Figure 1. Photo of a CDFW snorkeler searching for O. mykiss and Arroyo Chub in upper Trabuco Creek.

Five monitoring sites, one in middle Trabuco Creek and four in the upper watershed, are visited every 4-6 weeks. Flow, water quality, and pool metrics are recorded. During the hot summer months, walking surveys are conducted to determine how connected the stream is. GPS locations are collected at each point the stream goes wet or dry to assess the extent of drought effects. These surveys also help to identify fish that might need rescuing. Rescue efforts in 2021 led to the relocation of 1,748 Arroyo Chub above a barrier. In July of 2022, a snorkel survey was conducted along 1.68 miles in Upper Trabuco to assess the current O. mykiss and Arroyo Chub populations (Figure 1). A walking survey was completed in Holy Jim in August 2022 to assess the damage from the Jim Fire and collect wetted extent data to compare to 2021 data.


Throughout 2022, all parameters (pH, turbidity, conductivity, salinity, dissolved oxygen and temperature) remained consistent as discharge decreased. Water temperature ranged between 10.76°C to 19.8°C. Flow decreased in Cleveland National Forest from 1.39 cfs in early February 2022 to 0.15 cfs as of September 2022.

In July 2022, a snorkel survey was conducted along 1.68 miles of upper Trabuco Creek within Cleveland National Forest to assess the relative abundance of Arroyo Chub and O. mykiss. In 2021, a population of 1,748 Arroyo Chub were moved from a downstream drying area below a barrier in Upper Trabuco Creek farther upstream above the barrier. The chub had migrated distances up to 0.28 miles from the original relocation pool in 2021 and were present in 12 different units within the snorkeled area. Three hundred and twenty O. mykiss were counted during this survey, 10.6% of which were young of the year. (Figures 2 & 3).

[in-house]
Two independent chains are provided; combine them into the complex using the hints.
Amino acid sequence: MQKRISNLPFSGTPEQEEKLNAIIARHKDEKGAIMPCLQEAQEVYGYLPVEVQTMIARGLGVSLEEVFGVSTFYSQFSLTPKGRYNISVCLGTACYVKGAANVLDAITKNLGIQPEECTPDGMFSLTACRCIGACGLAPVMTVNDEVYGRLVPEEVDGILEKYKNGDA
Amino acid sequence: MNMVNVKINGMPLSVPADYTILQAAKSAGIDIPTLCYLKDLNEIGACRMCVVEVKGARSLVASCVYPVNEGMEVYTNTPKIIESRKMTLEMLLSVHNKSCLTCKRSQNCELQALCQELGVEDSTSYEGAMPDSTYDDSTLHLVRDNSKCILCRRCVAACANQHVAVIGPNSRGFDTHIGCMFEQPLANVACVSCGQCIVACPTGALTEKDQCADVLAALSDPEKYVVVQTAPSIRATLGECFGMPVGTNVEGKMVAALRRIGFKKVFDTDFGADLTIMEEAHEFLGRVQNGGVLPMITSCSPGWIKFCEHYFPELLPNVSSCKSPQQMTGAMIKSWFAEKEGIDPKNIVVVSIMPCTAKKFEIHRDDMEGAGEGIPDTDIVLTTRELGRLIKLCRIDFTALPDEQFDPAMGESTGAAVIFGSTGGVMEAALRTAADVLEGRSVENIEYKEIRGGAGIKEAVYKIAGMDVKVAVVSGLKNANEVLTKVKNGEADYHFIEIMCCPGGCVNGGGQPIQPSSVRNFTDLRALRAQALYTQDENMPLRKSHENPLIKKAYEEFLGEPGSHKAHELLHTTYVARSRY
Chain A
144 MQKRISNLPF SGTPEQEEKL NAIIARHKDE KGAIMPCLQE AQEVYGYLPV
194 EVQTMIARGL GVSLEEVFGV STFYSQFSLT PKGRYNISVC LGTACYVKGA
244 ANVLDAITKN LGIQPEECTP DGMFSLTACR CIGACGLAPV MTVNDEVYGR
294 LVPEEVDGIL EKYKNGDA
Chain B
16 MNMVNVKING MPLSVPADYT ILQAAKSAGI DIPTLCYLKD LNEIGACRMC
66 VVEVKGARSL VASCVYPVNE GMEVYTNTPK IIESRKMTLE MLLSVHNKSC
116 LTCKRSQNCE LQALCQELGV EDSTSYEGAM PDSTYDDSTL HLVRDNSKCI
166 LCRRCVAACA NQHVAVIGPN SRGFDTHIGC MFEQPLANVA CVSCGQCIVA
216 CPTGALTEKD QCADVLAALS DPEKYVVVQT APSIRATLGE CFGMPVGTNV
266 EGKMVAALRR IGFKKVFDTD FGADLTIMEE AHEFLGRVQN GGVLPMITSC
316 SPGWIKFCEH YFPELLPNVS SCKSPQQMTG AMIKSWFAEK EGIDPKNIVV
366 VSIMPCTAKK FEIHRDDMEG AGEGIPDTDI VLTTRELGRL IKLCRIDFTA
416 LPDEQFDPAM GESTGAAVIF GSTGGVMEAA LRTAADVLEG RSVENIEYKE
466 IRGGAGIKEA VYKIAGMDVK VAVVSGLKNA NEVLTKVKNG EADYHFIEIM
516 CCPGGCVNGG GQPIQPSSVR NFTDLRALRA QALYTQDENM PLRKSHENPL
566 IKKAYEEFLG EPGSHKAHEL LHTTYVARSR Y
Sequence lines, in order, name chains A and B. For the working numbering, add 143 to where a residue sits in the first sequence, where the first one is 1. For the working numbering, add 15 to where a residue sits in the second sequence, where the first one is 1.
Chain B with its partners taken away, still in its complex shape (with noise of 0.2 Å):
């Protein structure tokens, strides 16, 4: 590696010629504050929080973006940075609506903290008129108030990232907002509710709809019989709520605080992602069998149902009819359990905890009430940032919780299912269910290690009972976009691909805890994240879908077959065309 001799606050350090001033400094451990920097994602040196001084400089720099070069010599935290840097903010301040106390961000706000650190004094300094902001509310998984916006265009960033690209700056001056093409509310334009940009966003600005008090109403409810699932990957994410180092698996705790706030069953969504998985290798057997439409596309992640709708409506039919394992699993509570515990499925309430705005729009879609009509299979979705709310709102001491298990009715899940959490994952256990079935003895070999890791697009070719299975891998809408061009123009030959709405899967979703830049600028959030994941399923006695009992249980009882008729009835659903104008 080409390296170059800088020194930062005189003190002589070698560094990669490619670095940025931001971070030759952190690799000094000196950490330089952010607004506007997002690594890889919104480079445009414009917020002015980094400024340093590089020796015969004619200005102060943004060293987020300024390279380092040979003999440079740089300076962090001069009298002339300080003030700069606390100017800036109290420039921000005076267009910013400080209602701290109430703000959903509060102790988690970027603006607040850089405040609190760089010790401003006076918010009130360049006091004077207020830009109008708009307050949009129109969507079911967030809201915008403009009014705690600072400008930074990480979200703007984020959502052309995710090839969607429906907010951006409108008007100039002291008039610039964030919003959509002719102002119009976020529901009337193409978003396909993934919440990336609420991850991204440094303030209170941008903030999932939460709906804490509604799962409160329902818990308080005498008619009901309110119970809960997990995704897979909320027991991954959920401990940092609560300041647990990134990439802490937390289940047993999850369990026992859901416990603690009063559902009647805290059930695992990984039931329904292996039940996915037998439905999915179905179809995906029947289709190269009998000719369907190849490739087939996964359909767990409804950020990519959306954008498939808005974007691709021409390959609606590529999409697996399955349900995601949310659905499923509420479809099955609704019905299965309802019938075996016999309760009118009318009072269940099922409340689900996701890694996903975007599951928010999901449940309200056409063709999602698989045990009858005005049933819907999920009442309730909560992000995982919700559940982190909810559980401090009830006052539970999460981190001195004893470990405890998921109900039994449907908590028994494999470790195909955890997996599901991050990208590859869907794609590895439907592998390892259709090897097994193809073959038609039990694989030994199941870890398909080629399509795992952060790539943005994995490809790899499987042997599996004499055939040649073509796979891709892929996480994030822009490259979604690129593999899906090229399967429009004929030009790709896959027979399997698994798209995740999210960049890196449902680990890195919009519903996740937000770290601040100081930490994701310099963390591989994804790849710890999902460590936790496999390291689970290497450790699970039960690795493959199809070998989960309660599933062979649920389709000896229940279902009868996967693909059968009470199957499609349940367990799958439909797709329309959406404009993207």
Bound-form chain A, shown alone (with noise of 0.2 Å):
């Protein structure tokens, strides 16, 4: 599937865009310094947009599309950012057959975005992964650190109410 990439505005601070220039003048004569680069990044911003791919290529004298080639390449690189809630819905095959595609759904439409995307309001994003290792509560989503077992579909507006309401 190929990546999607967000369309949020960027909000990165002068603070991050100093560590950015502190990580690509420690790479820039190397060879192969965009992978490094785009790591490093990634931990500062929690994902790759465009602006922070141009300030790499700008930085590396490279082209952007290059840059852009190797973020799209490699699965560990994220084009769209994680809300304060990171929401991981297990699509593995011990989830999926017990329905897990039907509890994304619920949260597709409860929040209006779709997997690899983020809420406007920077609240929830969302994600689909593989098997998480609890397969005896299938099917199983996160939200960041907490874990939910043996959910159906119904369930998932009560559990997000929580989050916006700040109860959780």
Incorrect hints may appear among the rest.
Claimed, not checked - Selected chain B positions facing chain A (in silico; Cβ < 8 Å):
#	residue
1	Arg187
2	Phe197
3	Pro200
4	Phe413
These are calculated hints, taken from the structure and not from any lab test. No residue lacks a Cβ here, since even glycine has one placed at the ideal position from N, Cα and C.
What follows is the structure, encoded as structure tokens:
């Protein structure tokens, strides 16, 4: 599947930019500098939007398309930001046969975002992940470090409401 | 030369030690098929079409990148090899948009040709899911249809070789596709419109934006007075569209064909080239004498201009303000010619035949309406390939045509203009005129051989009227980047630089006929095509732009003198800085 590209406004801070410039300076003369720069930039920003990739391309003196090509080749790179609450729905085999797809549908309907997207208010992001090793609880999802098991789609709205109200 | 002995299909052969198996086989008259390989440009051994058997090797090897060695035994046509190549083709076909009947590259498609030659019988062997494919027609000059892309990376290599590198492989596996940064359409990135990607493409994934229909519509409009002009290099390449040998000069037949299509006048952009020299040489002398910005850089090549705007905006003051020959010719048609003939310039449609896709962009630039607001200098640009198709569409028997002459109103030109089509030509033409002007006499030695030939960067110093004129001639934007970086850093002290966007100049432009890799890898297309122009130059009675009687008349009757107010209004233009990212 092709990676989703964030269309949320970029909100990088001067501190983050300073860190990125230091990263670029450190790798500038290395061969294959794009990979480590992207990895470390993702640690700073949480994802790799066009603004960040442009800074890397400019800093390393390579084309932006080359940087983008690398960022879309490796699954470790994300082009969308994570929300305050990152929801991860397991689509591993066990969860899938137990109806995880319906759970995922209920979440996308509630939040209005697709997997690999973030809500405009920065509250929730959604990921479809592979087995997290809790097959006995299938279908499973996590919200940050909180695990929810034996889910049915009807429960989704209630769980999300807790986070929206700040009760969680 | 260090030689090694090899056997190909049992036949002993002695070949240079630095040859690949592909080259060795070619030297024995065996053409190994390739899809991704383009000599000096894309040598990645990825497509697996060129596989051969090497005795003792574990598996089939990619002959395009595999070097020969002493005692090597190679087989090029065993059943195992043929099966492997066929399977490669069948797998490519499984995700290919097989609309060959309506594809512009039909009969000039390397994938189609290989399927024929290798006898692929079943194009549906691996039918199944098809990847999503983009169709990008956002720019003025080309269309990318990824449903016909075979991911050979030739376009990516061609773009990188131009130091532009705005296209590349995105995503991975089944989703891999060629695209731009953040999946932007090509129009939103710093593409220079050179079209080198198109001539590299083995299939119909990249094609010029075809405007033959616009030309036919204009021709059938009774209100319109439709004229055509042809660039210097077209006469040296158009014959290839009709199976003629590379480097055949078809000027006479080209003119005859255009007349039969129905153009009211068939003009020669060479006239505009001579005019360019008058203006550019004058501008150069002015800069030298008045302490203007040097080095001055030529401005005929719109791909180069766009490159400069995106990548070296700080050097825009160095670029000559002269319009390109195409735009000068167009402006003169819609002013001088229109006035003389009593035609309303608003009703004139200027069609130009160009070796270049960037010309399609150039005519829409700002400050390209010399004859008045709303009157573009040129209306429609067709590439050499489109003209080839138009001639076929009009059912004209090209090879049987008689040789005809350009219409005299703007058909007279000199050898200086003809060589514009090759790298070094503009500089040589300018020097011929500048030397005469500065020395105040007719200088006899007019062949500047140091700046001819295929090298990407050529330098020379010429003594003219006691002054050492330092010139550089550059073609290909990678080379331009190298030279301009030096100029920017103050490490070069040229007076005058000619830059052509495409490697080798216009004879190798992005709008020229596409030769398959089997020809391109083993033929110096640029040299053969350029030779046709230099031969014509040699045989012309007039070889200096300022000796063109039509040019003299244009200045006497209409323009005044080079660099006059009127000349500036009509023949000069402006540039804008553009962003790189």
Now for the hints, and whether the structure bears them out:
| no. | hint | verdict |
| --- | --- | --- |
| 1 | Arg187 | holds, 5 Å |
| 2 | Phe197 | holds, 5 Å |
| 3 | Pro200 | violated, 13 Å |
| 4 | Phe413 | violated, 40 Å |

Juvenile O. mykiss in large pool under rock ledge.
Figure 2. About 46 O. mykiss were found in this large pool (max depth 1.82ft) during a snorkel survey, July 2022.
Bar graph showing size distribution of O. mykiss with higher number of O. mykiss in 4-5.99 inch size bin.
Figure 3. A graph displaying size distribution of O. mykiss in two-inch size bins, July 2022.

Due to the removal of a total barrier by the US Forest Service in upper Trabuco Creek in March 2022, O. mykiss have been able to repopulate an additional 0.4 miles that were uninhabited in previous years (Figure 4). O. mykiss have now made their way upstream and were present in multiple units above the barrier. With this expansion of habitat, decreased competition and increased available resources could lead to an increase in population size of O. mykiss and Arroyo Chub in upper Trabuco Creek.

Creek with flowing water over a rock barrier.
Figure 4. A photo from January 2022 (left) showing the previous fish barrier, and one from the July 2022 snorkel survey (right) showing the remnants. O. mykiss were able to make it up and over this recently demolished barrier to populate upper portions of Trabuco.
Image of burned trees and plants with burned trees and some plants starting to regrow.
Figure 5. A recovering burn scar in Holy Jim Canyon five months after the Jim Fire, August 2022.

In March of 2022, a fire was ignited during a barrier removal in Holy Jim Canyon, burning almost 500 acres of forest (Figure 5). Holy Jim was visited five months later to assess post-fire conditions. No fish species were observed in the stream, although there were sections of the stream that had overgrowth of aquatic vegetation and woody debris. The stream had a noticeable layer of silt. New vegetative growth in the burn scar reassured that this portion of the canyon is beginning to recover.

Future Efforts

CDFW staff will continue to monitor Trabuco and Holy Jim Creek stream conditions and conduct yearly assessments on O. mykiss and Arroyo Chub population abundance. Fish rescues and relocations will be conducted as needed. Staff will also continue to support barrier removals within the San Juan Creek watershed.

Works Cited

Prepared by:

Brian Bales, Scientific Aid, CDFW
Emely Romo, Scientific Aid, CDFW
Shelley Hunter-Shatsnider, Environmental Scientist, CDFW

Fisheries Branch
1010 Riverside Parkway, West Sacramento, CA 95605 | Fisheries@wildlife.ca.gov